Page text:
The residents of these cities could see what was happening. They could hear the shots and the victims' cries. Most often, they remained neutral, neither helping the killer nor offering solace to the victim. Yet neutrality helped the killer, never his victim.

Frequently, local pogroms were encouraged by the Wehrmacht and the SS, especially in Lithuania and Latvia. Every Jew killed brought the Nazis closer to their goal. Auxiliary police comprised of local natives became indispensable to the understaffed killing units. Local collaborators volunteered.

Before this phase of the killing ended, more than 1.2 million Jews were killed. Their bodies were piled high in mass graves throughout the occupied Soviet territories.” Berenbaum, Michael. Witness to the Holocaust. New York: HarperCollins. 1997. 112-13.( www.einsatzgruppenarchives.com)


Einsatzgruppen

Paul Blobel, Defendant


(1894-1951)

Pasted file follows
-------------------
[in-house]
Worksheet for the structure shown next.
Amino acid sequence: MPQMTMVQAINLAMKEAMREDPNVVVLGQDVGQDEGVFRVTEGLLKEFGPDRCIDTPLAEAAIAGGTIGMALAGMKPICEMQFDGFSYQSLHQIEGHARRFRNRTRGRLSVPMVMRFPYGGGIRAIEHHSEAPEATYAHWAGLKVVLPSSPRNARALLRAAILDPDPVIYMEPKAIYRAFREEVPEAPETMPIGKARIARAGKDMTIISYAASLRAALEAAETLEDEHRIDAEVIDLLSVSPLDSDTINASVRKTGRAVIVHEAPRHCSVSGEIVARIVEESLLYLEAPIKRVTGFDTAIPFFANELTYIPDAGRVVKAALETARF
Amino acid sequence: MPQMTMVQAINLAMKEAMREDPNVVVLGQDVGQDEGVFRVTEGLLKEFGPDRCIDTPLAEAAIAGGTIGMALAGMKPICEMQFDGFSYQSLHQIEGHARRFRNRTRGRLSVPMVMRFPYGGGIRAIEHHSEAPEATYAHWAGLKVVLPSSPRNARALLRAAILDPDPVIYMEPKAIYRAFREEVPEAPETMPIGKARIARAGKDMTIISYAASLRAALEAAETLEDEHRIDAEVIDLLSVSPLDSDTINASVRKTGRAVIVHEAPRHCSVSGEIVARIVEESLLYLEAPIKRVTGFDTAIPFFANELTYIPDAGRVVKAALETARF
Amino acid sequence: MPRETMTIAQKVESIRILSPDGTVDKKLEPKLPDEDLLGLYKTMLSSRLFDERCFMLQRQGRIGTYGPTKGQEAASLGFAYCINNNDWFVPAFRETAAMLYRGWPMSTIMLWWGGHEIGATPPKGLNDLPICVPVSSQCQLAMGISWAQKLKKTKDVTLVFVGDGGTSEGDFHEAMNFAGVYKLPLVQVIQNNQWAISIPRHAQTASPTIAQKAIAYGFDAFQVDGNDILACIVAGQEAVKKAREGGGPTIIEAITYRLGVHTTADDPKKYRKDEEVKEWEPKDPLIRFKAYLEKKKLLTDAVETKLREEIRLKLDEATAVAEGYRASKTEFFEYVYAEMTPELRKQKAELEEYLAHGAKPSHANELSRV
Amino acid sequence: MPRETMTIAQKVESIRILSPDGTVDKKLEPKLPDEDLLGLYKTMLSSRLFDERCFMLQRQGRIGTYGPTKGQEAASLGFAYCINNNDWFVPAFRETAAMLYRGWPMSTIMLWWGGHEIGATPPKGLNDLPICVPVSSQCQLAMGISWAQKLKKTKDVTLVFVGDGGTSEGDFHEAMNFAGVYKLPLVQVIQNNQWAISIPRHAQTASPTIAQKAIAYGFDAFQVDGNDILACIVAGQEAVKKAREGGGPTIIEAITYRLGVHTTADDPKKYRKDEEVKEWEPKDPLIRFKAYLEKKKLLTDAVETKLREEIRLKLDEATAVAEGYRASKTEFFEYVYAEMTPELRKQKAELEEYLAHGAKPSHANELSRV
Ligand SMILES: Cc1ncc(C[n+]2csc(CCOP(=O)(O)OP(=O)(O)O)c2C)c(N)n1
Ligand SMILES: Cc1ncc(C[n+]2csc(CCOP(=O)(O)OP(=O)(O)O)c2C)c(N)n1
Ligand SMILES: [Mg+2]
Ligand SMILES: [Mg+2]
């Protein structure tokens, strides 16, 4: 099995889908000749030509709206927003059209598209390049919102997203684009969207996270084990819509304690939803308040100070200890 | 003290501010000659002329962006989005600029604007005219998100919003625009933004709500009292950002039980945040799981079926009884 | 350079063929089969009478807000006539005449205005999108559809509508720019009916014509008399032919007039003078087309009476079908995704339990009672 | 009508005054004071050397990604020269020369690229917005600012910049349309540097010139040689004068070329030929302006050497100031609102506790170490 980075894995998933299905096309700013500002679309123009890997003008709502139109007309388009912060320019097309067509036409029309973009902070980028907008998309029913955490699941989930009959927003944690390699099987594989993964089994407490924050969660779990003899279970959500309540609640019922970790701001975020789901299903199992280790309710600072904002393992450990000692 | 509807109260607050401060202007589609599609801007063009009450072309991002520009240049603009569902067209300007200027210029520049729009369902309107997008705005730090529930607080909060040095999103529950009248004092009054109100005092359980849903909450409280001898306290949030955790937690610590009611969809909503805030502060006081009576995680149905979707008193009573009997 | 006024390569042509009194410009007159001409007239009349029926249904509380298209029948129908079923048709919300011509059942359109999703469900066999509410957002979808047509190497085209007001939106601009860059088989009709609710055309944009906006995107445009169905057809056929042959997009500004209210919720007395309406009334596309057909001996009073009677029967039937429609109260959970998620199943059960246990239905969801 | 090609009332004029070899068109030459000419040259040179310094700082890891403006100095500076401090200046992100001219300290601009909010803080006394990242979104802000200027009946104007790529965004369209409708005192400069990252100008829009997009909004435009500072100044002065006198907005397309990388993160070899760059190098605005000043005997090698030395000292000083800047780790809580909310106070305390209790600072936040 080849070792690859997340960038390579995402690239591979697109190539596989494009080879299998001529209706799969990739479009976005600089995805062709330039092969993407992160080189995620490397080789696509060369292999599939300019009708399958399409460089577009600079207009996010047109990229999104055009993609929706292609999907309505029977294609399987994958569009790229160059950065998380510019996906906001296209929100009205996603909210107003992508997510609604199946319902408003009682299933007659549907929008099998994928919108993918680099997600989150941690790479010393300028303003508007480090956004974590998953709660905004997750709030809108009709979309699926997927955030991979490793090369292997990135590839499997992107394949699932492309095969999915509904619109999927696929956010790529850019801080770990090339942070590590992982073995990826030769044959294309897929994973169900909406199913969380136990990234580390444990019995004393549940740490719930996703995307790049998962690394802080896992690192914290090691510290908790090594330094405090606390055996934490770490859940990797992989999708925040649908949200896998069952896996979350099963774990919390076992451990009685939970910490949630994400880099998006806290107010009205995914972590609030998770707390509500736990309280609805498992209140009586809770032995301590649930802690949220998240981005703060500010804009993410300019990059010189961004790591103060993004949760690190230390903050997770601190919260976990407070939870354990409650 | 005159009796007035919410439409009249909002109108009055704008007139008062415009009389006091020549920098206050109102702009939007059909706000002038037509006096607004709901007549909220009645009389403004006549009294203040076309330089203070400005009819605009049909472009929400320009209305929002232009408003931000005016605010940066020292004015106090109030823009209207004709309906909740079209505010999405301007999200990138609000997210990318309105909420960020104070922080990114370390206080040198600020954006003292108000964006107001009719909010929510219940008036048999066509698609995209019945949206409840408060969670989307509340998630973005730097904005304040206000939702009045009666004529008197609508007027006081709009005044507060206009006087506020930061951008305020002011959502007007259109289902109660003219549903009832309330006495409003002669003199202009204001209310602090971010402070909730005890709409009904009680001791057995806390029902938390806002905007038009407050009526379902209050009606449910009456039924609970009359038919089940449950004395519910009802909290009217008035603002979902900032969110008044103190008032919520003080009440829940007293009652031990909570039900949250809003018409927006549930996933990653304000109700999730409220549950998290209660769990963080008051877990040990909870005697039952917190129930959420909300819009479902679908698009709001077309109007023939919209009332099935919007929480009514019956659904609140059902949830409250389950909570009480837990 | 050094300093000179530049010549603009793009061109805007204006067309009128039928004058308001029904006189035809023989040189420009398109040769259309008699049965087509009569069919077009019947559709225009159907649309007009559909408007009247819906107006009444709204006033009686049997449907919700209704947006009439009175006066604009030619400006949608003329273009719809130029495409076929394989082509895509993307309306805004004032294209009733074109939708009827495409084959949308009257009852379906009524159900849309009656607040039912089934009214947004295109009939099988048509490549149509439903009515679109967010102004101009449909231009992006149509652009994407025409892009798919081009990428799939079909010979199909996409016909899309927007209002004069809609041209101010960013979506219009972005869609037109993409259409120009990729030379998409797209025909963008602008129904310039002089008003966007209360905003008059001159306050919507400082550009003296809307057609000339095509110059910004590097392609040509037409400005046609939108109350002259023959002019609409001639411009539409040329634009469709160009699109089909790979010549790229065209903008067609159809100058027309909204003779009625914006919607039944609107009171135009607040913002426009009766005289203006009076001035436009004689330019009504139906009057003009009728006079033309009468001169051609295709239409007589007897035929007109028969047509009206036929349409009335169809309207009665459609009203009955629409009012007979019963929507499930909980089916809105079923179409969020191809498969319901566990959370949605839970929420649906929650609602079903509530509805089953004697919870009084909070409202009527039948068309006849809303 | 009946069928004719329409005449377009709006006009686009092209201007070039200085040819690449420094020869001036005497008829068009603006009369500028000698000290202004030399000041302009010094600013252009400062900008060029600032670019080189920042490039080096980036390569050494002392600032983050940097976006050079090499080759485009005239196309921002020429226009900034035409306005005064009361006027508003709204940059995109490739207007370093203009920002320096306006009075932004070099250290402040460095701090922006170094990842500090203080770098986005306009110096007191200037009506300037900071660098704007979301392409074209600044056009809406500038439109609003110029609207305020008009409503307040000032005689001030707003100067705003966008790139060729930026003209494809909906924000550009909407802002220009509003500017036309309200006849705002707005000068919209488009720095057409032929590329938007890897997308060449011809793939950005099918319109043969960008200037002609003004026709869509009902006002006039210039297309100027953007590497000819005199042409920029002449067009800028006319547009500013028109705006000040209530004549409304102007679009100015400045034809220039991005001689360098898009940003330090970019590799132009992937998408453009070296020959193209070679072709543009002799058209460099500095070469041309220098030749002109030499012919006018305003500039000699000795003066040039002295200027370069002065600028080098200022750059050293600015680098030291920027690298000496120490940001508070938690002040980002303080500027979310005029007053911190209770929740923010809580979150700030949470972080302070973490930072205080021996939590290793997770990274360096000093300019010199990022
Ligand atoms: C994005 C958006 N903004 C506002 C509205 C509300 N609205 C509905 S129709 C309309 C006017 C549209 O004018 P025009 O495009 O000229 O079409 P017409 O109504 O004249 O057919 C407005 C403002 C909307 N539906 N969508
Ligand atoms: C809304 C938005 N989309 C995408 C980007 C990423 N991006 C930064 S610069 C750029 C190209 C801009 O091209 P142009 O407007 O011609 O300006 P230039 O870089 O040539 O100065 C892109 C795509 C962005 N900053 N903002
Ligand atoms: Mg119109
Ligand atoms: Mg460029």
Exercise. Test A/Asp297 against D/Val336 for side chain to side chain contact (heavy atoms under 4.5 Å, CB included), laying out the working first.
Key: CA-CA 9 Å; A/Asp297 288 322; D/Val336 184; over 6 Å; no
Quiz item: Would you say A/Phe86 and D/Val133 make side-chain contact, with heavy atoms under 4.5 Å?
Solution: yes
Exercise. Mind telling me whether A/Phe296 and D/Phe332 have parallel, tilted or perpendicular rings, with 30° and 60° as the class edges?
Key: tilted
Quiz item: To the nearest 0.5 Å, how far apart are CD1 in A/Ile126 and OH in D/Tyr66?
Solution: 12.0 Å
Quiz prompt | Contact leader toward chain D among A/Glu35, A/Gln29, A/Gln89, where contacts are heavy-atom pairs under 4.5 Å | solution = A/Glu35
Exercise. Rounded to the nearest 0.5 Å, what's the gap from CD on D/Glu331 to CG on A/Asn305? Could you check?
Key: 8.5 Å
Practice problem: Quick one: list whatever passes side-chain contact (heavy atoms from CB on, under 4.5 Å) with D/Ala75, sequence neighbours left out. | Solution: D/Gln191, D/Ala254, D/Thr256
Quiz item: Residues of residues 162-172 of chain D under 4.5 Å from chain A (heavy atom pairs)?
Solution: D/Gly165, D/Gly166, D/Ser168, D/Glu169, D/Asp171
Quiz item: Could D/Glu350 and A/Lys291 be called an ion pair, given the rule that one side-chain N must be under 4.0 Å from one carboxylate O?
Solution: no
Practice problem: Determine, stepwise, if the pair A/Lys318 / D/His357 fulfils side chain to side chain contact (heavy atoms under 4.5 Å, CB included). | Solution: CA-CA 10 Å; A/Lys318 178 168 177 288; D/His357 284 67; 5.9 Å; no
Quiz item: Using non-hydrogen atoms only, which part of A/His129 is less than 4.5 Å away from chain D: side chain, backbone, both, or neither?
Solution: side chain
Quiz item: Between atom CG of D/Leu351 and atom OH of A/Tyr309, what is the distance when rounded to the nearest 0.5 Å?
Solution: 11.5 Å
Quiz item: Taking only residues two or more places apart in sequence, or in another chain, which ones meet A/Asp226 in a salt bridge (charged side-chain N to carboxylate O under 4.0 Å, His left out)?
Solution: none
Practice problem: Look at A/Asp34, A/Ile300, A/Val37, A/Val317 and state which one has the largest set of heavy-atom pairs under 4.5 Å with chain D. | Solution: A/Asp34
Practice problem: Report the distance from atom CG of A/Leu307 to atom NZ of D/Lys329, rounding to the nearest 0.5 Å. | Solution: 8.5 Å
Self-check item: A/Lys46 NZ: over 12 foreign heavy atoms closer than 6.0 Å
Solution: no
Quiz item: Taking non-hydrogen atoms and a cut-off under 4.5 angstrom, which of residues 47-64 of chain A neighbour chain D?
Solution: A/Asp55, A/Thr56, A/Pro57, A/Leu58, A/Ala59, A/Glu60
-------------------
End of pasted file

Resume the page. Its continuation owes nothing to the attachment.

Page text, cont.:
Paul Blobel was SS-Standartenfuehrer, member of the SD, and commanding officer of Sonderkommando 4a of Einsatzgruppen C operating in the Ukraine. He was responsible for carrying out the massacre at Babi Yar in Kiev. Subsequently, he was put in charge of Aktion 1005, the operation to obliterate the traces of the mass murders committed by the Germans by disinterring and cremating the bodies from the mass graves in the German-occupied Soviet Union. He was arrested after the war and was one of the principal defendants in The Einsatzgruppen Case at Nuremberg. Blobel was tried and convicted by the U.S. military tribunal in Nuremberg. He was sentenced to death in 1948 and hanged at the Landsberg prison in Bavaria on June 8, 1951.